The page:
Let us hide the graphs for a moment and view just the revolving point along with its the position and velocity vectors. The velocity must be perpendicular to the position, since any component of change in the direction of the position would change the point's distance from the origin, which is assumed constant, and equal to one. Since the points speed is also one, the velocity vector must be the unit vector a quarter circle counterclockwise (the direction of the rotation) from the position vector. Now view the velocity vector based at the origin. Mathematically, this is considered equivalent to the one based at the position vector, in just the same way as the fraction 3/6 is considered equivalent to 1/2. It is easy to see using similar triangles that the components of the velocity vector are
This gives the rate of change relationships a simple and natural meaning.
These relationships may also be viewed in terms of the slope of the tangent lines of the cosine and sine graphs. Pause the animation at any of the "keypoints", for instance by clicking reset and stepping forward four clicks (one twelfth of a revolution around the circle). Now view the sine graph, its tangent line, and tangent components. Observe that the vertical component of the tangent line is give by the vertical component of the velocity of the red dot (view the velocity vector at the red dot!) horizontal component is always 1, since the independent variable is just the arc length s which the point has travelled around the circle. The slope of the tangent line is therefore equal to the vertical component of the velocity vector, and again we have
just interpreted differently. Doing the same for the cosine graph visualizes
in terms of the slope of the tangent line.
If we repeat the same steps we used to derive the velocity vector from the position vector, now going from the velocity vector to its rate of change, the acceleration vector, and then the acceleration vector at the origin, the relationships are perfectly analogous. The acceleration is the velocity rotated a quarter circle counterclockwise, so again by similar triangles, we interchange the coordinates and negate the first one:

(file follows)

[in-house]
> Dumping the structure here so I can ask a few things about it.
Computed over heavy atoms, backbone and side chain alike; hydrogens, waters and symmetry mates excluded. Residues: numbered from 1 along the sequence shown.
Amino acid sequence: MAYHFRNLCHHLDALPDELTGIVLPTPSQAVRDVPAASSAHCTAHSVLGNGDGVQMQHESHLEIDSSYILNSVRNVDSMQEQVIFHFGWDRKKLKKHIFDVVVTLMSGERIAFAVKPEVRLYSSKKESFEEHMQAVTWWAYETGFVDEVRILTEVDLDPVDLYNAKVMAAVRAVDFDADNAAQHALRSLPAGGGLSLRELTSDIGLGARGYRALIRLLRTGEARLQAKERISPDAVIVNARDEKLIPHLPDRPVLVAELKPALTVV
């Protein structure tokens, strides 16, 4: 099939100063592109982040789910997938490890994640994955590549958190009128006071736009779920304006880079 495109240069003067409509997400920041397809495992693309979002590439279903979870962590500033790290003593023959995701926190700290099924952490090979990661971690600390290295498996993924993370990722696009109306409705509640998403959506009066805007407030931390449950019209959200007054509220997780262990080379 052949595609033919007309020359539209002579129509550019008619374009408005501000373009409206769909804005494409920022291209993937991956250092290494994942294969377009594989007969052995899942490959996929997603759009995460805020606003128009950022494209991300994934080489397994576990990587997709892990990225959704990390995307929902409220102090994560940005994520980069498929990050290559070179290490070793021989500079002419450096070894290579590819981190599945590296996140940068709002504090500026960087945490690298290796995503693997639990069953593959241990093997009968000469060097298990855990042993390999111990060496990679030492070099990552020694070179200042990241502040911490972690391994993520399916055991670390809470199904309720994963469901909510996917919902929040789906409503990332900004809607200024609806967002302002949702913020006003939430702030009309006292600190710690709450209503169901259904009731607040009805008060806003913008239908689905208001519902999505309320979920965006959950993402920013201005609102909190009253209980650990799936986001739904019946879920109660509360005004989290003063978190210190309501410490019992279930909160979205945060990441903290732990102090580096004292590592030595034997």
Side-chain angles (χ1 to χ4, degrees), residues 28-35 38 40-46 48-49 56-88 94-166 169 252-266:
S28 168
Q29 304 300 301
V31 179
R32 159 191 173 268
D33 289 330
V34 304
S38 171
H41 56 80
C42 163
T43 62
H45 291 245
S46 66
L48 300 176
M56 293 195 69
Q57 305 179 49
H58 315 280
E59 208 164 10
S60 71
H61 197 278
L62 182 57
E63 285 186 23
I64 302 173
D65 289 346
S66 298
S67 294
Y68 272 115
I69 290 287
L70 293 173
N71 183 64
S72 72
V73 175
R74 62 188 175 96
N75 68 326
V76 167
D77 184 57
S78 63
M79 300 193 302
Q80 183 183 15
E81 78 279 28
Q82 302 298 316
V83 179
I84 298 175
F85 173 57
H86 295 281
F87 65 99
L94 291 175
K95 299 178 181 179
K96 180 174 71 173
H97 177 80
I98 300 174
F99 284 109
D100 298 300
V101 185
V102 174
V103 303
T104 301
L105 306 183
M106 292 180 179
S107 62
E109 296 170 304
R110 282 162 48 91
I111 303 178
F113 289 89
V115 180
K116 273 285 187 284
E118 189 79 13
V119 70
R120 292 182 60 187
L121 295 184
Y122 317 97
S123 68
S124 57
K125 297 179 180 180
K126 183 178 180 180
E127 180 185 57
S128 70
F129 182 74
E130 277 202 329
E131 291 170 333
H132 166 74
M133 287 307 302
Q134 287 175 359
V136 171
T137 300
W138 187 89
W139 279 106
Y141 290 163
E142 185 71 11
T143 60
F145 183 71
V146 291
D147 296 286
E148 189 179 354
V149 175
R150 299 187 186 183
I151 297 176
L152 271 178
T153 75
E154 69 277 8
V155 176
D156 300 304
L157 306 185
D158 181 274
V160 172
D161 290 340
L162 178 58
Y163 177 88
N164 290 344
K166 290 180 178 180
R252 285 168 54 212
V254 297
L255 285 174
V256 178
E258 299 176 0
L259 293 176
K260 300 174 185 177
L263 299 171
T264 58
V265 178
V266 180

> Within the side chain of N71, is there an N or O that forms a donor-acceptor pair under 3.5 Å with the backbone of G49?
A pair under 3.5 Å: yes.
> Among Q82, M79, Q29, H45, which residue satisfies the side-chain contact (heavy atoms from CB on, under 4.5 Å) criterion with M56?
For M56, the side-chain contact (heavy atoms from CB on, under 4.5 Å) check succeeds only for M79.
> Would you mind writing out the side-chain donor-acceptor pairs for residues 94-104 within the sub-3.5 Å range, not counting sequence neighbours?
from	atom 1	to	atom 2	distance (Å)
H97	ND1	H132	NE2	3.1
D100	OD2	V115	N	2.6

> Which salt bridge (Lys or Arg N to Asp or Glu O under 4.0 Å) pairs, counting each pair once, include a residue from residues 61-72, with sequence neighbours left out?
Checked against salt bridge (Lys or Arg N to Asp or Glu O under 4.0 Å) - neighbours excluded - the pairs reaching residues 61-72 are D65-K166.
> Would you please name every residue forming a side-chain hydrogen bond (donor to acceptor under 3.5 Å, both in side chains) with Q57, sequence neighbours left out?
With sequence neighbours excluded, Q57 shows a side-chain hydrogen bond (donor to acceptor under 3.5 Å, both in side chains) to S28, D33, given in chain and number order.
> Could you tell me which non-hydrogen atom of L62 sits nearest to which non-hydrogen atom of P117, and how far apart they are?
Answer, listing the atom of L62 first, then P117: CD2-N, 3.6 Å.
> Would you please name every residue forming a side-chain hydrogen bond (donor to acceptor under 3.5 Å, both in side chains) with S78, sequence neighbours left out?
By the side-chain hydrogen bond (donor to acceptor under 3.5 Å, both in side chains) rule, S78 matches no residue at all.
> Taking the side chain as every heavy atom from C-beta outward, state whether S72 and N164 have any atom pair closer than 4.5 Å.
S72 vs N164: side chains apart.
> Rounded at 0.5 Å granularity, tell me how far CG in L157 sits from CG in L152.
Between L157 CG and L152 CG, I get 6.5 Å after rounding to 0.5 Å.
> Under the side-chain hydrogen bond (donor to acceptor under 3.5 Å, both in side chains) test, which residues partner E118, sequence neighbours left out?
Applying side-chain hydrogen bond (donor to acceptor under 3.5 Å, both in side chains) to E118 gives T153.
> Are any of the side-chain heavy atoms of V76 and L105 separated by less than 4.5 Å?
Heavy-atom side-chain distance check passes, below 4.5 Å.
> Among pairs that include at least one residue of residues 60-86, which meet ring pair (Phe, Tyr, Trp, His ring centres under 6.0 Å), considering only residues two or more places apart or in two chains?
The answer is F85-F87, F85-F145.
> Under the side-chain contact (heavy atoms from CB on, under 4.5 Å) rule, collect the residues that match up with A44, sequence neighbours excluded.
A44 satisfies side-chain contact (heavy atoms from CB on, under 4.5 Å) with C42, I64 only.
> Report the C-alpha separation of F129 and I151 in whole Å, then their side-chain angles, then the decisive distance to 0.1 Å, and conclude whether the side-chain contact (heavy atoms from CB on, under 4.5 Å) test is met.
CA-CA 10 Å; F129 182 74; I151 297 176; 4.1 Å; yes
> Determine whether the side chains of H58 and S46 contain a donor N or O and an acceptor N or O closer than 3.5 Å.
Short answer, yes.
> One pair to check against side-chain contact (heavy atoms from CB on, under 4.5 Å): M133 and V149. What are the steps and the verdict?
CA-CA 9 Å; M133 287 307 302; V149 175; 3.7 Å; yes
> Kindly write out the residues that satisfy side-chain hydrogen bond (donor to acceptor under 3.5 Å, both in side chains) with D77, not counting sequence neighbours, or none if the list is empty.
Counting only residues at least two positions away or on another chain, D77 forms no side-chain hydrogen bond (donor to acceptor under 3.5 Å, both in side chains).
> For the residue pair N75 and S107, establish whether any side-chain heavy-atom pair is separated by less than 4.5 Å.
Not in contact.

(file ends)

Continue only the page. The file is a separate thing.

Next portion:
The arc-length parametrization of the unit circle by the cosine and sine functions
is easily and naturally defined by the essential and intuitive property that the rate of change of positon is given by rotating the position a quarter circle counterclockwise:
Starting from these relationships, it is quite easy to derive the addition formulas, Pythagorean relation, series representations for the cosine and sine. We believe that the power and beauty of calculus is best demonstrated by this simple approach. (Consider the alternative of defining the adjacent over hypotenuse and opposite over hypotenuse of a right triangle as real valued functions and proving the differentiation rules from these definitions just as rigorously. Similarly, why contrive a proof of the derivative rule for the natural exponential, when it is really the definition?)
Precalculus treatments of the addition formulas, connection with complex numbers, the Pythagorean relation, and the geometric interpretation of the dot product may also be be motivated, unified and understood from the rotational point of view.
The symbol used in the graph labels, which conceptually simplifies the notation and discussion for many aspects of circular functions was introduced in the article "Pi is wrong!" which appeared in the Mathematical Intelligencer, Summer 2001. It is typeset with a one line macro created by Richard Palais.
The author wishes to thank the late Prof. Benny Rushing for inspiration and support, and multimedia artist Dale Meier who produced the beautiful and simple first implementation of this animation in real time as it was described to him, and has guided the later developments with his expert instruction in Flash and ActionScript.The contributions, feedback, and encouragement of many others, including editors Tom Roby, Chandler Davis, and Tom Farmer, colleagues Nick Korevaar, Blake Thornton, Andrej and Elena Cherkaev, Morris Hirsch of U.C. Berkeley, and my family, have been especially appreciated.